CUs Embrace Alternative Capital

July 16, 2010

Credit unions worldwide are struggling to generate sufficient capital from retained earnings. An international panel addressed the issue of finding alternative capital without impinging on credit unions’ mutual structures during The 1 Credit Union Conference in Las Vegas this week.

In Australia, credit unions have access to alternative capital, but struggle with the question of how to ensure protection of their mutual status, said Dave Taylor, CEO of SGE CU Ltd., Australia.

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They can raise capital through a mutual capital raising auction but these may not be suitable for all credit unions, Taylor said.

The first aggregated mutual capital issuance began in 2006. Twenty-one credit unions collaborated to access cheaper capital at large volumes through special vehicles in two tiers.

They achieved a higher credit rating due to their collective strength, and built market credibility. Implementation challenges included more regulators, legal and tax structures of the special vehicles, ongoing licensing and management of the vehicles, and rating by Standard & Poor’s.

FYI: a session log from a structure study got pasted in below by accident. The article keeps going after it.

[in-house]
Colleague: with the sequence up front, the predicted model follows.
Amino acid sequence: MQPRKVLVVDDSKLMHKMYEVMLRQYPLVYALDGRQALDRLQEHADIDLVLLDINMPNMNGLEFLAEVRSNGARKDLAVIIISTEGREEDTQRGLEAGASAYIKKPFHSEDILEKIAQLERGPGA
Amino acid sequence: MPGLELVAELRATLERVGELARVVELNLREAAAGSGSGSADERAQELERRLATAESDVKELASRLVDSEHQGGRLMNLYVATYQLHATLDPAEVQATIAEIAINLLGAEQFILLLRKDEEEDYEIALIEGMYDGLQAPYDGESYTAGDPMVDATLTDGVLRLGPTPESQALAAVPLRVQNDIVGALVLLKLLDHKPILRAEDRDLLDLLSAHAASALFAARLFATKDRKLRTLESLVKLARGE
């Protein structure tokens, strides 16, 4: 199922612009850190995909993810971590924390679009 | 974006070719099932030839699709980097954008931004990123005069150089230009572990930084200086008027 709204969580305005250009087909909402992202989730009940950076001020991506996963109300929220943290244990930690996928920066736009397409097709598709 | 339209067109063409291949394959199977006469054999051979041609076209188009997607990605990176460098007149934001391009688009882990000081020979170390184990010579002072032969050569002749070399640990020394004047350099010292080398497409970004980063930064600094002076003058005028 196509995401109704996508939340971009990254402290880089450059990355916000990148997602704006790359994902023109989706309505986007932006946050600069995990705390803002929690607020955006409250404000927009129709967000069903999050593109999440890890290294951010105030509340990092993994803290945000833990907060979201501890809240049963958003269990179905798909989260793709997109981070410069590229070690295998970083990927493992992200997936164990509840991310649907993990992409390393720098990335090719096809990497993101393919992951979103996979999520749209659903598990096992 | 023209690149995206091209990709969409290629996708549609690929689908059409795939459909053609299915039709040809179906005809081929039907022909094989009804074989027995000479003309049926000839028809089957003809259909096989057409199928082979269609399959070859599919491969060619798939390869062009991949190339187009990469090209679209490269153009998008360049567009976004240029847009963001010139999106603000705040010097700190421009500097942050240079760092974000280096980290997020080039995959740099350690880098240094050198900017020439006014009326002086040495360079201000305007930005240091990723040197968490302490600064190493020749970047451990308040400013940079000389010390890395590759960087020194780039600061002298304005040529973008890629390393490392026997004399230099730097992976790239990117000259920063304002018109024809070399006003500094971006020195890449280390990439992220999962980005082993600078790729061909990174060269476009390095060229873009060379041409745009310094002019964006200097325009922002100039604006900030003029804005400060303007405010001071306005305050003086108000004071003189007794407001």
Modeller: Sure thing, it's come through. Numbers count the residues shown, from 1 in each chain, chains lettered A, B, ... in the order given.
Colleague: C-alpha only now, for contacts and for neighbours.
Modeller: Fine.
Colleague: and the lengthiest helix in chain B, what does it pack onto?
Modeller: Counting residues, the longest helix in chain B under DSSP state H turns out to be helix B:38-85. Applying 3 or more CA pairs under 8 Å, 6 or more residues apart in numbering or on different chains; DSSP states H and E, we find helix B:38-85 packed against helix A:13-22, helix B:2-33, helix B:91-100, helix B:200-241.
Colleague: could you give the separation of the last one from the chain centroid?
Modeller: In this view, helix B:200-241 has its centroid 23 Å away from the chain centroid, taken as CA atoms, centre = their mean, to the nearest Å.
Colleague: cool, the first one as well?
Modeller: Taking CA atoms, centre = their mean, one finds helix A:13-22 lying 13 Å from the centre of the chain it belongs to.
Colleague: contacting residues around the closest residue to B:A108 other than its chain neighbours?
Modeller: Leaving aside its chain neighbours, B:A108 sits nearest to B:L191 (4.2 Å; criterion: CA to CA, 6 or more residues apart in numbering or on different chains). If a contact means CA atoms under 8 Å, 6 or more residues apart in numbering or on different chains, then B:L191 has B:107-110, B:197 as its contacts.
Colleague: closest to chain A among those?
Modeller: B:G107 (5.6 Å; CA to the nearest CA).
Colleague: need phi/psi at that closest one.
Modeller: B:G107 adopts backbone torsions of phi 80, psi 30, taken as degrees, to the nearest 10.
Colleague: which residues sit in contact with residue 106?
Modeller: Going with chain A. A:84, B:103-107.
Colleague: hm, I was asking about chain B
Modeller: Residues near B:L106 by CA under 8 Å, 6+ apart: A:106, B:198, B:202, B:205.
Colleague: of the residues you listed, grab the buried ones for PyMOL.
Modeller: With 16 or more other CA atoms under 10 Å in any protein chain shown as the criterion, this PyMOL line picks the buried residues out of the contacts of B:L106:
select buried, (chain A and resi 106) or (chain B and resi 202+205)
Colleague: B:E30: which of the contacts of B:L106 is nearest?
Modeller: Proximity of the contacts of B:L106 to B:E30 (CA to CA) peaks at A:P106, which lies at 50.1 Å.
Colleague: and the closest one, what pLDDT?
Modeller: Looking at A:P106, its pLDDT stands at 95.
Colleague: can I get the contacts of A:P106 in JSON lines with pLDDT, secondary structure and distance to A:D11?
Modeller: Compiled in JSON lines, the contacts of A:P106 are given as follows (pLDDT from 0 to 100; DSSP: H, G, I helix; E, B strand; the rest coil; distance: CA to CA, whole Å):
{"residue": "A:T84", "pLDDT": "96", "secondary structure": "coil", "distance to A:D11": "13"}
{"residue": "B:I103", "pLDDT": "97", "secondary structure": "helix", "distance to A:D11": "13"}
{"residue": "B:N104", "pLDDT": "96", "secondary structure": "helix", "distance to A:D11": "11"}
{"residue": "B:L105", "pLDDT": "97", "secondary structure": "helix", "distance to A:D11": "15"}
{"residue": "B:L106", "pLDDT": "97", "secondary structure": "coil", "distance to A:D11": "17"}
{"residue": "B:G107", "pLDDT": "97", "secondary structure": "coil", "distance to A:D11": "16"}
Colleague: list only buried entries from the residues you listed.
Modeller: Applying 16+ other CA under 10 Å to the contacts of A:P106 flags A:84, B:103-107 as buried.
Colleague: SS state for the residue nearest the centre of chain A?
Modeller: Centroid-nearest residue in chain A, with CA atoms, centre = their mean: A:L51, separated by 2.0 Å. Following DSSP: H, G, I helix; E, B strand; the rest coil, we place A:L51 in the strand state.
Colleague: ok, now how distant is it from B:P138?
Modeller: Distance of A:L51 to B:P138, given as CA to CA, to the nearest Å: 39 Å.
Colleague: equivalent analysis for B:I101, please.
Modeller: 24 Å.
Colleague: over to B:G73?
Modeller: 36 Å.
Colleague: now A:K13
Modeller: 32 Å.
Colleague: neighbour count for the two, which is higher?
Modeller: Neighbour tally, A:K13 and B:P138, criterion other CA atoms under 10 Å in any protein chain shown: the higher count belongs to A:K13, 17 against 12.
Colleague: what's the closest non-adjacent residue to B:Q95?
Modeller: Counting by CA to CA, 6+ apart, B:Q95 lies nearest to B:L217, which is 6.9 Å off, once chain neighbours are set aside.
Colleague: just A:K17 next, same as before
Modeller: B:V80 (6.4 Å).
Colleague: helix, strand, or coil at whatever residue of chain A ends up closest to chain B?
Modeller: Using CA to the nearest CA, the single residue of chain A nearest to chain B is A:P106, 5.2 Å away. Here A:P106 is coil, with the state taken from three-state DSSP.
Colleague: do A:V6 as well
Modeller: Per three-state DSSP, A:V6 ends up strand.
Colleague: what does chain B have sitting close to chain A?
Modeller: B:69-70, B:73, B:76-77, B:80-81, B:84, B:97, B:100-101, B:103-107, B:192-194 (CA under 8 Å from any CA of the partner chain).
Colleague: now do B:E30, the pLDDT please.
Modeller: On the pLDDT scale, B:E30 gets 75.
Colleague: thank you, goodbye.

“These require strong trust and cooperation,” as well as high levels of management and board expertise, said Taylor. They can help maintain sustainable business, but are not a solution for underperformers, inadequate profitability and poor business models.

Jim Updike, CEO of Honda Federal Credit Union, Torrence, Calif., noted that he’s “chagrined that the U.S. is so far behind in addressing capital.”

U.S. credit unions must have 7% capital to be considered well-capitalized—200 basis points above banks’ 5%.

He noted three policy principles for alternative capital:

  • Preserve cooperative mutual credit union model;
  • Have robust investor safeguards; and
  • Have prudential safety and soundness.

“Alternative capital has proved its utility in other highly developed credit union movements,” said Ralph Swoboda, moderator and principal, The ProCon Group. Done properly, it could constitute a viable capital source.

Swoboda noted two sets of issues:
* Capital raised from members outside institutional investors (subordinated debt) requires a change in law, and there are costs related to dealing with and distributing capital; and
* Risk should relate to return.

“Setting up a facility to collectively raise capital from individual members pooled and paying patronage dividends as equity share requires discipline in business and a financial approach,” he said.